A fantastical story of adventure, danger, friendship, and courage, The Hobbit traverses the world of Middle Earth, following Bilbo Baggins on his epic quest. Journeying from the peaceful, rural Shire, through elven woodlands and ancestral mountains, this play spans the mystical globe as the band of characters encounter legendary creatures and magic artifacts.
Throughout this whole magical world, there are few constants. Myths and magic surround the group in the classical narration style of epic fantasy, with many aspects of the quest taken from Tolkien’s interpretations of Northern mythology (ii.e., Beowulf and Norse legends). Tolkien himself labeled The Hobbit as a “fairytale” of his own making. In this theatrical production, an attempt was made to bring the story back to its origins in mythology and folklore, as opposed to Peter Jackson’s high fantasy film series.
In order to do this, the stage design takes a spin on natural textures and materials, inspired by Sylvain Corentin, the French sculptor. By using the same base materials that you would find in 11th century Viking settlements, including the wood plaster, reeds, and rope, the scenery can be tied to the story’s more traditional roots, as opposed to Jackson’s fantasy landscape. By reconfiguring the usage of these materials for each scene, the story can unfold as the characters travel through the different landscapes.
The scenic elements consist of four main units, manipulated through the show: the mountainous cave entrance, the Shire, the forest, and the cave interior. Each unit is transformed and used in multiple scenes for varying locations, and each is grand in scale, taking up the whole stage. It is an epic adventure, with huge fight numbers, songs, and a cast of characters going up against overwhelming odds. By having the scenery tower over them, having the characters actually climb up the scenery, it gives the audience the impression of a daunting task, more of a doomed feat than one can typically grasp from a staged play.
The house opens to the map of Middle Earth, from the original book. The map is manipulated through projections, to show Tolkien's original sketches and map locations. This map is then projected on the rear wall for the rest of the show, following the group on their epic travels. The only element on stage the whole time, aside from the rear projection screen, is the containment wall, which you can see prominently in scenes 7 and 10 as the cave entrances.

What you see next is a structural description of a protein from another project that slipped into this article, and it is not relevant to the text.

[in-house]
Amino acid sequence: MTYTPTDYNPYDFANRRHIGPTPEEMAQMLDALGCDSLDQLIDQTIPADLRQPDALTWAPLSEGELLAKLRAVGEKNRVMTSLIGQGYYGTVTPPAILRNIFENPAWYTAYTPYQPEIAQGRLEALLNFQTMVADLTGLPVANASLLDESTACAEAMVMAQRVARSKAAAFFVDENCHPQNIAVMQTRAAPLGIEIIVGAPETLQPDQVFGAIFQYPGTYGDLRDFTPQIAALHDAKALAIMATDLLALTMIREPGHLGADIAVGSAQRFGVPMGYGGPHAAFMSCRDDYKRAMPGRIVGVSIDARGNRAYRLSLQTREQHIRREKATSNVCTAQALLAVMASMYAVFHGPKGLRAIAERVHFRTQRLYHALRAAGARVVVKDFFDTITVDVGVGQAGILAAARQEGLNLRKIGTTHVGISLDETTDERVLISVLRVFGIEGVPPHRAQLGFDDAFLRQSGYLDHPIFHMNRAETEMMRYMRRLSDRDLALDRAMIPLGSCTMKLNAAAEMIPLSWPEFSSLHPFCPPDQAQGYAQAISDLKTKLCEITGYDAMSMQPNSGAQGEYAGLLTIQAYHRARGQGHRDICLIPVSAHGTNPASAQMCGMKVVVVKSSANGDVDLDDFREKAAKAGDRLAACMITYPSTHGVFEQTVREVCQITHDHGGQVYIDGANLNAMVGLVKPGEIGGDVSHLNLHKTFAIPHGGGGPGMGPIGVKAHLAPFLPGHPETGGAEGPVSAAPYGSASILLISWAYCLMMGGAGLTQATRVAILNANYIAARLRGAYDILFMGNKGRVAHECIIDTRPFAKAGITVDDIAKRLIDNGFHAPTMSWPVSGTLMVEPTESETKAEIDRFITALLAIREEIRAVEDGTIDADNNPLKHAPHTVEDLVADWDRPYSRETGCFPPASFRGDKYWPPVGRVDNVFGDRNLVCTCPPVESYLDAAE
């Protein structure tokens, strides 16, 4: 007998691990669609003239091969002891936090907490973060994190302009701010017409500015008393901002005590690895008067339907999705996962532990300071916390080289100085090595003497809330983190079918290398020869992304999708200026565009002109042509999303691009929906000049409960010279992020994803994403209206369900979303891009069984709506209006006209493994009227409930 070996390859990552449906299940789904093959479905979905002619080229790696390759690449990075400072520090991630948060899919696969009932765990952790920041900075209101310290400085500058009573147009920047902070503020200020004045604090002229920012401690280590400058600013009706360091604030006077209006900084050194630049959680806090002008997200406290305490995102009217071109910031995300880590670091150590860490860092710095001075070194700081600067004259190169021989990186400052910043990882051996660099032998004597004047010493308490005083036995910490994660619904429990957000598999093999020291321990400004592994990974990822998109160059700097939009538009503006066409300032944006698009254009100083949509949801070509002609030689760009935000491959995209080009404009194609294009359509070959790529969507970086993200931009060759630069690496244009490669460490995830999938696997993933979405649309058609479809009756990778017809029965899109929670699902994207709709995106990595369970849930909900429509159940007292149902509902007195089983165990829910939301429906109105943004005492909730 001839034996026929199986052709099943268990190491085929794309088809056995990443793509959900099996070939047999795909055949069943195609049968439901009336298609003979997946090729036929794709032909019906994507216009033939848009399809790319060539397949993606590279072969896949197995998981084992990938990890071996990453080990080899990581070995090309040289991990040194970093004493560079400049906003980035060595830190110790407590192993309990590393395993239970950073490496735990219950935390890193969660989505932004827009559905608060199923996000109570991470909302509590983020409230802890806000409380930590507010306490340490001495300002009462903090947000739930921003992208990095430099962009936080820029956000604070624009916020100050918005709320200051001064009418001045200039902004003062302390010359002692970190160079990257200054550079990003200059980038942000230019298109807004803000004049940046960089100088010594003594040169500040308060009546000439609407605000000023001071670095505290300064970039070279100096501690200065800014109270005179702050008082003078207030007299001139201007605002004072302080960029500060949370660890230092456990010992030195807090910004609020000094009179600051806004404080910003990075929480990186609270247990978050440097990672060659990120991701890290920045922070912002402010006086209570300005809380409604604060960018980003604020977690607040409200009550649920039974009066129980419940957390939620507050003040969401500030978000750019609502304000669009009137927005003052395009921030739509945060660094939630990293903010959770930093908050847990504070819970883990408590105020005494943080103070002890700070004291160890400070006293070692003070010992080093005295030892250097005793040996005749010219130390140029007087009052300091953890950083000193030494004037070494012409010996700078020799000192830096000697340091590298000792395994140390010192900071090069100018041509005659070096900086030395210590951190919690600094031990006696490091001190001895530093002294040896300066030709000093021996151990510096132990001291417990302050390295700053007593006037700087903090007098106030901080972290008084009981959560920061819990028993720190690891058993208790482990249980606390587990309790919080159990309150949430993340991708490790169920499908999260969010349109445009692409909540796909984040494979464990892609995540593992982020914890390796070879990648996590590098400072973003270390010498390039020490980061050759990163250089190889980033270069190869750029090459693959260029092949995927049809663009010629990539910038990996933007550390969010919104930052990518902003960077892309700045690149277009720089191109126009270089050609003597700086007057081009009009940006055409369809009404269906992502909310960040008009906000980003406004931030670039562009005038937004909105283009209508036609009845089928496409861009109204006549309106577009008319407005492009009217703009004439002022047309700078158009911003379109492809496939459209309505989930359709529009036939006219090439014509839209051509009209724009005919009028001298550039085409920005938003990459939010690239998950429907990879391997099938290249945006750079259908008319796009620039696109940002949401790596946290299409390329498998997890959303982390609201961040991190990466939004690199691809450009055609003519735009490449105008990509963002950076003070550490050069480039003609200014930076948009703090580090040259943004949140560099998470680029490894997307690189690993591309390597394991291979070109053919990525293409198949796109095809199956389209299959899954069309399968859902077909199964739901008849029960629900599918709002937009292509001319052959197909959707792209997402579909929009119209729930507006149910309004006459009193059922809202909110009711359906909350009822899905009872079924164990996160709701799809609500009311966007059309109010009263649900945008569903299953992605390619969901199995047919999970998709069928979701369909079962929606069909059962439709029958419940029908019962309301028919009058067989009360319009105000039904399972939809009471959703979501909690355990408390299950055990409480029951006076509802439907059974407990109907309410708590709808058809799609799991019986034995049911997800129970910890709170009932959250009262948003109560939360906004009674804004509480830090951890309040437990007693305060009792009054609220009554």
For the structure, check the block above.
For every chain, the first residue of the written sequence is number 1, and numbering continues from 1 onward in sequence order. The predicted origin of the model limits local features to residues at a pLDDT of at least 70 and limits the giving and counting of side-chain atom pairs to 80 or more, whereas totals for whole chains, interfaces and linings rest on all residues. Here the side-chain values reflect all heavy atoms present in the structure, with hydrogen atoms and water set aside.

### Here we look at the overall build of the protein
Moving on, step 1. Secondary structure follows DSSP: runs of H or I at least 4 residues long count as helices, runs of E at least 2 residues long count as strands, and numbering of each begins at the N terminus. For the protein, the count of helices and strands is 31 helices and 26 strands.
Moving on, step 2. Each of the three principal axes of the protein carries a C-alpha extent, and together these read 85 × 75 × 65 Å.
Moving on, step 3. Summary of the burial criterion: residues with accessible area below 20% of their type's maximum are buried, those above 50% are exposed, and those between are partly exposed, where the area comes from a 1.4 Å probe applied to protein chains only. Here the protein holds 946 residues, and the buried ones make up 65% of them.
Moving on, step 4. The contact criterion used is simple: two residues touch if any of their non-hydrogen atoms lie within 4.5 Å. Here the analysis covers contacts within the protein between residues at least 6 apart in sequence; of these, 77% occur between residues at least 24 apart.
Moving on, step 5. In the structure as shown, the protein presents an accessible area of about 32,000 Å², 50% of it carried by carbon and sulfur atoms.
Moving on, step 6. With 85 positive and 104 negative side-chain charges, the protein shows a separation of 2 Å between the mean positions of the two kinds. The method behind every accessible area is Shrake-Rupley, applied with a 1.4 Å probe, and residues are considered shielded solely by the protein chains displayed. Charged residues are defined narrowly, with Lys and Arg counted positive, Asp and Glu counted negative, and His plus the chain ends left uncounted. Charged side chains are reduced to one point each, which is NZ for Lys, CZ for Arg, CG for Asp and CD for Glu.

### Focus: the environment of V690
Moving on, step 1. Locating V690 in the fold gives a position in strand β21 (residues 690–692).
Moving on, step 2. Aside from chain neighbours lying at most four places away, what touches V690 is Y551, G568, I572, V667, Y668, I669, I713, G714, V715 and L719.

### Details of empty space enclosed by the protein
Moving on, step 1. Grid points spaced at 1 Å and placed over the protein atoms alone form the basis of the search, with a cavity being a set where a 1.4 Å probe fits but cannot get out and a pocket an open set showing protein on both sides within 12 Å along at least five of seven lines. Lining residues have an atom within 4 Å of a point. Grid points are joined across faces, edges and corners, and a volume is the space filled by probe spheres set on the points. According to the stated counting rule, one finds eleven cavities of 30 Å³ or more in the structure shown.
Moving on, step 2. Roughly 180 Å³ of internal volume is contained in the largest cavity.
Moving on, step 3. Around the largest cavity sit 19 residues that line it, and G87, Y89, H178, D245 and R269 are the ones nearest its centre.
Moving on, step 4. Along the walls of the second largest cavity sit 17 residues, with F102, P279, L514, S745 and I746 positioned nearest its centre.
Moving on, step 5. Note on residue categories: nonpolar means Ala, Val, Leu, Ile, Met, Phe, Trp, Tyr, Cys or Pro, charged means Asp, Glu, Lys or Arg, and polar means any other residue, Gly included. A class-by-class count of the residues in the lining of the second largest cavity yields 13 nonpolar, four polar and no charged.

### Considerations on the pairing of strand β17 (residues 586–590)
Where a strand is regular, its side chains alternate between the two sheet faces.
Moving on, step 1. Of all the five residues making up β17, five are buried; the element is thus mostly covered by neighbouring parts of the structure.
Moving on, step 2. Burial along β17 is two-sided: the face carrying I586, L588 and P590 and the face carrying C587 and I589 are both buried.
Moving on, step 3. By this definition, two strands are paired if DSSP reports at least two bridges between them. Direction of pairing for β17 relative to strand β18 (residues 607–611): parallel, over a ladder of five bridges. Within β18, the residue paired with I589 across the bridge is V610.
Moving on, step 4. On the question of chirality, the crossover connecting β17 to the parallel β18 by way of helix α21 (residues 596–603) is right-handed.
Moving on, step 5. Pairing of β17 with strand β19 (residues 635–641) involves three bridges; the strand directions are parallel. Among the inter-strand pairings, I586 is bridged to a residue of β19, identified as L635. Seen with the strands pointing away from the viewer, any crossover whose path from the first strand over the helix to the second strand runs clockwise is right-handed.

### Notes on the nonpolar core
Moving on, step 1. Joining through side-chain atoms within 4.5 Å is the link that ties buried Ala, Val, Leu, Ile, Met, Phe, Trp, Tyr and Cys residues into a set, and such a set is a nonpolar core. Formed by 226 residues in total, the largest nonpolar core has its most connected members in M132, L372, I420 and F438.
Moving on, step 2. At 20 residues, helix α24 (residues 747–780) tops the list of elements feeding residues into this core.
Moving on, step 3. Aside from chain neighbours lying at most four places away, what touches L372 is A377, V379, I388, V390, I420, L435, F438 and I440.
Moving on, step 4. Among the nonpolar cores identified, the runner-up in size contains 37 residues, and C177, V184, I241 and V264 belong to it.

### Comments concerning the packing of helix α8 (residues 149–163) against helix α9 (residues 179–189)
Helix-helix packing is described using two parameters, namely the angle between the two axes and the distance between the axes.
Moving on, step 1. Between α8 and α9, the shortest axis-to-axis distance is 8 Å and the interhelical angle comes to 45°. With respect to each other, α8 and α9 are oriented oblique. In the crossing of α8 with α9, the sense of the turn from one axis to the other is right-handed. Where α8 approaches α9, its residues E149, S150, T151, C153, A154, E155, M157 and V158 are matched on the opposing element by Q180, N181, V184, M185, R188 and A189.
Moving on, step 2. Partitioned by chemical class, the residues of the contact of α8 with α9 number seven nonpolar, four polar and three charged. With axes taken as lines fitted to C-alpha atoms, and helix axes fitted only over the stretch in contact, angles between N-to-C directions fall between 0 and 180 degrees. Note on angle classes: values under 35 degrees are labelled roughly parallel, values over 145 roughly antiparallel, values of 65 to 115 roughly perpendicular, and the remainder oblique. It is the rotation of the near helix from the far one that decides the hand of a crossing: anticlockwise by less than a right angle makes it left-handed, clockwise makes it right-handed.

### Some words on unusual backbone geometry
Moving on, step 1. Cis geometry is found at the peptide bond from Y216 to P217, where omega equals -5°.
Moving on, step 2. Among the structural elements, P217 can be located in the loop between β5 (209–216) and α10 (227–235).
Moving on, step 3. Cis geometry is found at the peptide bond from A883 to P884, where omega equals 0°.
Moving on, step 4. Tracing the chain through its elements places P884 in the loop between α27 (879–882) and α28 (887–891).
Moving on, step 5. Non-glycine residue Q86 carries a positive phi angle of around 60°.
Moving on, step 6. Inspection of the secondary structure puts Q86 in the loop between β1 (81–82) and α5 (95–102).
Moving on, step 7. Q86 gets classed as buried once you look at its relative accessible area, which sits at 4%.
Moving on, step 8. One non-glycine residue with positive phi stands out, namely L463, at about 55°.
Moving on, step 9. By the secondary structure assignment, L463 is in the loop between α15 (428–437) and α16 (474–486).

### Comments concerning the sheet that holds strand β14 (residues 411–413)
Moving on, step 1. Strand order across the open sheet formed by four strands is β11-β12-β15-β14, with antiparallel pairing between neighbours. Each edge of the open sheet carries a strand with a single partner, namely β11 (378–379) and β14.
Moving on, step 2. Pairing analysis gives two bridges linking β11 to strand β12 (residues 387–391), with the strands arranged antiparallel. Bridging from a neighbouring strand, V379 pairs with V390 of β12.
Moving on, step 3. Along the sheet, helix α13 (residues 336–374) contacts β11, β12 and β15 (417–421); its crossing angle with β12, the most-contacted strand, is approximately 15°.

The Shire itself in another unit, this time on a turntable. When the curtain goes up and the show starts, the exterior of the hobbit hole is onstage. As they move into Bilbo's house, the hobbit hole rotates, to show the interior, with a burning fire and a kitchen unit on stage left. At the end of the second scene, the Shire unit tracks offstage right.
The forest unit lives upstage until that moment, and the upstage wall separates, breaking apart to let the forest through. Branches have been reconfigured into these towering tree-like structures, which the dwarves spread throughout and create a camp. The trolls are the first puppets that the audience sees, as they lumber out onto their platform downstage left.
The cave rises out of the trap for scenes 4-6, in the Misty Mountain, turning the space into a winding cavern akin to a mining cave. Right behind the proscenium, a drop comes down to create the cave mouth. Chasing away the dwarves, goblins emerge from the eight entrances throughout the walls and overrun the whole stage. Bilbo ends up on the platform, where he confronts Gollum, the puppet that is only shown in the shadows through backlight coming up from the platform. As he follows Gollum out of the cave, they climb up the walls the goblins had run down. The cave lowers back into the trap as Bilbo and Gollum climb up, so they end up on the main deck as the cave disappears.
When the forest comes out a second time, for the 8th scene, it has become Mirkwood forest, the home of the elves. This time, the trees are covered in fairy lights, becoming a bit more mystical. In the following scene, the dwarves have all been thrown into the elven dungeon. The lights narrow down to a tight spot on Bilbo, as the dwarves quickly climb up into their dungeons in the trees.
The forest tracks back upstage at the dwarves roll in barrels across the stage, ending up at the entrance to the Lonely Mountain. As Bilbo and Thorin enter the cave, the trap raises back up to reveal a cave that has been covered in gold. The Smaug puppet takes up a large section, being controlled by four people. Pyro is hidden in the horns, and the whole body is slightly luminescent, so the creature lights up every time he releases fire. This leads to the epic fight scene in the Lonely Mountain at the end of the show.